Religious intolerance has reared its ugly head in West Java with the continuing attacks on the Ahmadiyah sect. This attack destroyed a Mosque and houses by burning them to the ground. The Indonesia Ulema Council (MUI) has declared the sect heretical and issued a fatwa or edict stating that fact.
I have posted earlier on this issue.
Yet, despite pleas by the Vice President it seems that people just do not get it!
The Indonesian Constitution guarantees freedom of religion. Perhaps this was, in hindsight, a mistake that slipped through the heretical net during the post-Soeharto euphoria of greater democratic and social freedoms. But mistake or otherwise it is in the Constitution and it is high time the police stepped up to the plate and acted in the manner they must. The right to practice one's faith is protected and therefore must be free form attack by others.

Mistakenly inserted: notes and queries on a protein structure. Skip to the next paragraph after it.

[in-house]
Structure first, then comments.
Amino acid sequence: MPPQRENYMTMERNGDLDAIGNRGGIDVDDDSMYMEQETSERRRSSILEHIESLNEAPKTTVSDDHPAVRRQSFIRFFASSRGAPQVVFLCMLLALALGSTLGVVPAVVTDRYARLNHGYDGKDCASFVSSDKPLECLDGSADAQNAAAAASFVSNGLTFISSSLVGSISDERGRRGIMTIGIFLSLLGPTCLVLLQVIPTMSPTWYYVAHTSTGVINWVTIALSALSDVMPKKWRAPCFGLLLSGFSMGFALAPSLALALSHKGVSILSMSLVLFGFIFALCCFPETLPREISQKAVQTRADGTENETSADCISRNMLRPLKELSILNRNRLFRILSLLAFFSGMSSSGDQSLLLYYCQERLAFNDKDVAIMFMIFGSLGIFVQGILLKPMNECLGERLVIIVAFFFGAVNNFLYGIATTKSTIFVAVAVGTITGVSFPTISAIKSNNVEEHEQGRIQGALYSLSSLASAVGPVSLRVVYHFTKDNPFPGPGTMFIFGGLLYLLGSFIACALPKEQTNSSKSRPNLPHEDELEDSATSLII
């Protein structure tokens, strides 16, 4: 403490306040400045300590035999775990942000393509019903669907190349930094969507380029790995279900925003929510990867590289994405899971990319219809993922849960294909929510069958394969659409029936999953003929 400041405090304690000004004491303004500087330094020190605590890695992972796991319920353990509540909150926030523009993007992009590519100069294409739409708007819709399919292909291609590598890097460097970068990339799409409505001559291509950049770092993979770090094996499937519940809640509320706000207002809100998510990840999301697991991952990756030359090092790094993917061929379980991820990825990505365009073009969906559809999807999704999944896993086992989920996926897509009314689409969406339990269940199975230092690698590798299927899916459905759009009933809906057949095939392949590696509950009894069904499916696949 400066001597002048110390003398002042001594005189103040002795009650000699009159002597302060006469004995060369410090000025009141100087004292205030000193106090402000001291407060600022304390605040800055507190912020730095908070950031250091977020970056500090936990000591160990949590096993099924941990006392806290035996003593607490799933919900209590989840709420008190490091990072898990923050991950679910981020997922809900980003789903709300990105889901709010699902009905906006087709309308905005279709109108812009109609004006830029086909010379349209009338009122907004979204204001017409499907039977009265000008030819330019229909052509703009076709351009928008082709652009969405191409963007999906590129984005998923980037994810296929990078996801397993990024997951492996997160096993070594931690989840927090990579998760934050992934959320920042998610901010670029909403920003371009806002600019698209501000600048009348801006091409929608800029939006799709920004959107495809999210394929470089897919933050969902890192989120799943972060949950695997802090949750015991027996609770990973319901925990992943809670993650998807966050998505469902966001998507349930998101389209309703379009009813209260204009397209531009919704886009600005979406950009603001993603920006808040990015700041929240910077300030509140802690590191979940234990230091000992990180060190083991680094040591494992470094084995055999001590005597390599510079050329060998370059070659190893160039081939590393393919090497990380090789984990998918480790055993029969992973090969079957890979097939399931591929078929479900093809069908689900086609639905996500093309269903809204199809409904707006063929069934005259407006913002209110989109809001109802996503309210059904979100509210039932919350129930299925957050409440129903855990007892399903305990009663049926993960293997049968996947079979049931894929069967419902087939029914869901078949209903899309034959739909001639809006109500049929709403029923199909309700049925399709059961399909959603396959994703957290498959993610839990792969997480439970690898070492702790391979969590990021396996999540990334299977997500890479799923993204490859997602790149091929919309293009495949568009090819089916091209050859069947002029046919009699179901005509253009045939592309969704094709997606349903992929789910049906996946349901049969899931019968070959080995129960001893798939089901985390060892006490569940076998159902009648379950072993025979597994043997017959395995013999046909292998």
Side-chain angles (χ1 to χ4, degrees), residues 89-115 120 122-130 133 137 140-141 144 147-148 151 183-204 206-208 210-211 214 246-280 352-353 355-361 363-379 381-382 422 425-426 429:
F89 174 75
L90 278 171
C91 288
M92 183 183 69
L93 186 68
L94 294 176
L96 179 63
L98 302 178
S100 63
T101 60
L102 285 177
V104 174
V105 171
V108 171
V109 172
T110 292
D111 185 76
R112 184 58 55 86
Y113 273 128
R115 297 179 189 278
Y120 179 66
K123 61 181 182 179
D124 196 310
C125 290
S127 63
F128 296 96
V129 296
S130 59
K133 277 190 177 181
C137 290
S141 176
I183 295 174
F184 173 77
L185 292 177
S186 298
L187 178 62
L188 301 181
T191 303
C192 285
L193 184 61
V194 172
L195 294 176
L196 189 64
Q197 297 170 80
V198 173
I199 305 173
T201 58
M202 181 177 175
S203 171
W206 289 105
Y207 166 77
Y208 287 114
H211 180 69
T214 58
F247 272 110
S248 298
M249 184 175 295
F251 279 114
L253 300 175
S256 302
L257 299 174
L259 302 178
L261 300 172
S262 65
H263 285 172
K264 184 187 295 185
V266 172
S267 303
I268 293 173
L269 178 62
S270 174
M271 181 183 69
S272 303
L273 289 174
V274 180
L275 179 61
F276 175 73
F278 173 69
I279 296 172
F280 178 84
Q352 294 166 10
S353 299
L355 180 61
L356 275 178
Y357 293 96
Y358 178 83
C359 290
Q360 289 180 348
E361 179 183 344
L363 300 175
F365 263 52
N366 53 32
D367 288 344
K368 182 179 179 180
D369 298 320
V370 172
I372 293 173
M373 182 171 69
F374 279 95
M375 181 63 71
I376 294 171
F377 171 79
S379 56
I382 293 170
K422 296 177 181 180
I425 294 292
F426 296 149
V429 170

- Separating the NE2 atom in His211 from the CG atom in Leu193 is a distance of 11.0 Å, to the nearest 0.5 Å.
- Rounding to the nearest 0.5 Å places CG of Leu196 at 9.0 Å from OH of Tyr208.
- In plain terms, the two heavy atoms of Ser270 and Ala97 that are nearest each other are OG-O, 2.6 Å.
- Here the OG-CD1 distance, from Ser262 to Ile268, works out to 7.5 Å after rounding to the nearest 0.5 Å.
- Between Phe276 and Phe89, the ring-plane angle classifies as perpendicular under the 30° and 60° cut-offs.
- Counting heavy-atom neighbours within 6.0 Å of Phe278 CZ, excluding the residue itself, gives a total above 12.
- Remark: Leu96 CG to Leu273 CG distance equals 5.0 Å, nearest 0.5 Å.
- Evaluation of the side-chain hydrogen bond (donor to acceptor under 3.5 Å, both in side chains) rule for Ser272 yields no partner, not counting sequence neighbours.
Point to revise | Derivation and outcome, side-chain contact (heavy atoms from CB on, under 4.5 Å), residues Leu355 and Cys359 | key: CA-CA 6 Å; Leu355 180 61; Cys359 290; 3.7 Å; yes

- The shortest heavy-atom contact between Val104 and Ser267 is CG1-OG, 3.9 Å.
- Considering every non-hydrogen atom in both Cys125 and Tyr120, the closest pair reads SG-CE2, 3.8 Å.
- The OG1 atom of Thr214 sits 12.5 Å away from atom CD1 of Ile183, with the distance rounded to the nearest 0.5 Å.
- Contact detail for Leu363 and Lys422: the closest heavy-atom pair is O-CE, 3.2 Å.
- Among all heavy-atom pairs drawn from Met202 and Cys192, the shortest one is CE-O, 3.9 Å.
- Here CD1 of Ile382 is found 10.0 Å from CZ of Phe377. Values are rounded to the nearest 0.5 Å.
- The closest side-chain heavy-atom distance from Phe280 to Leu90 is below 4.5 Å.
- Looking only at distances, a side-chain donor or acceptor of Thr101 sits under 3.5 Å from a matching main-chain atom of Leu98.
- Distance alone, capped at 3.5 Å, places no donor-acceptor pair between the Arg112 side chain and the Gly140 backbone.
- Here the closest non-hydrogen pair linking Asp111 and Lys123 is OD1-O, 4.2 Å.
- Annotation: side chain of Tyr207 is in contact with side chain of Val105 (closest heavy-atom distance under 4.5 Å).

The MUI must also make it explicitly clear in its fatwas that even though the Ahmadiyah sect has been declared heretical, people cannot take the law into their own hands and hand out justice as they deem necessary.
If Indonesia is the law state and a state based on order and where human life is valued, it is time to prove it. The legal framework can deal with heretical sects and does not require the vigilante justice that we are seeing now. Even so, this particular issue needs to be characterized as a public law and order issue and not a religious one.
The Constitution appears to provide a blanket right to freedom of religion. Islam is not the only religion that has issues regarding sects or the development of different faiths from a common faith. It was not so long ago that the current pope suggested that Protestant churches were not real churches.
This is a chance for Indonesia to show how much it has matured and how much it values the greater democratic freedoms its citizens enjoy since the fall of Soeharto - Take It!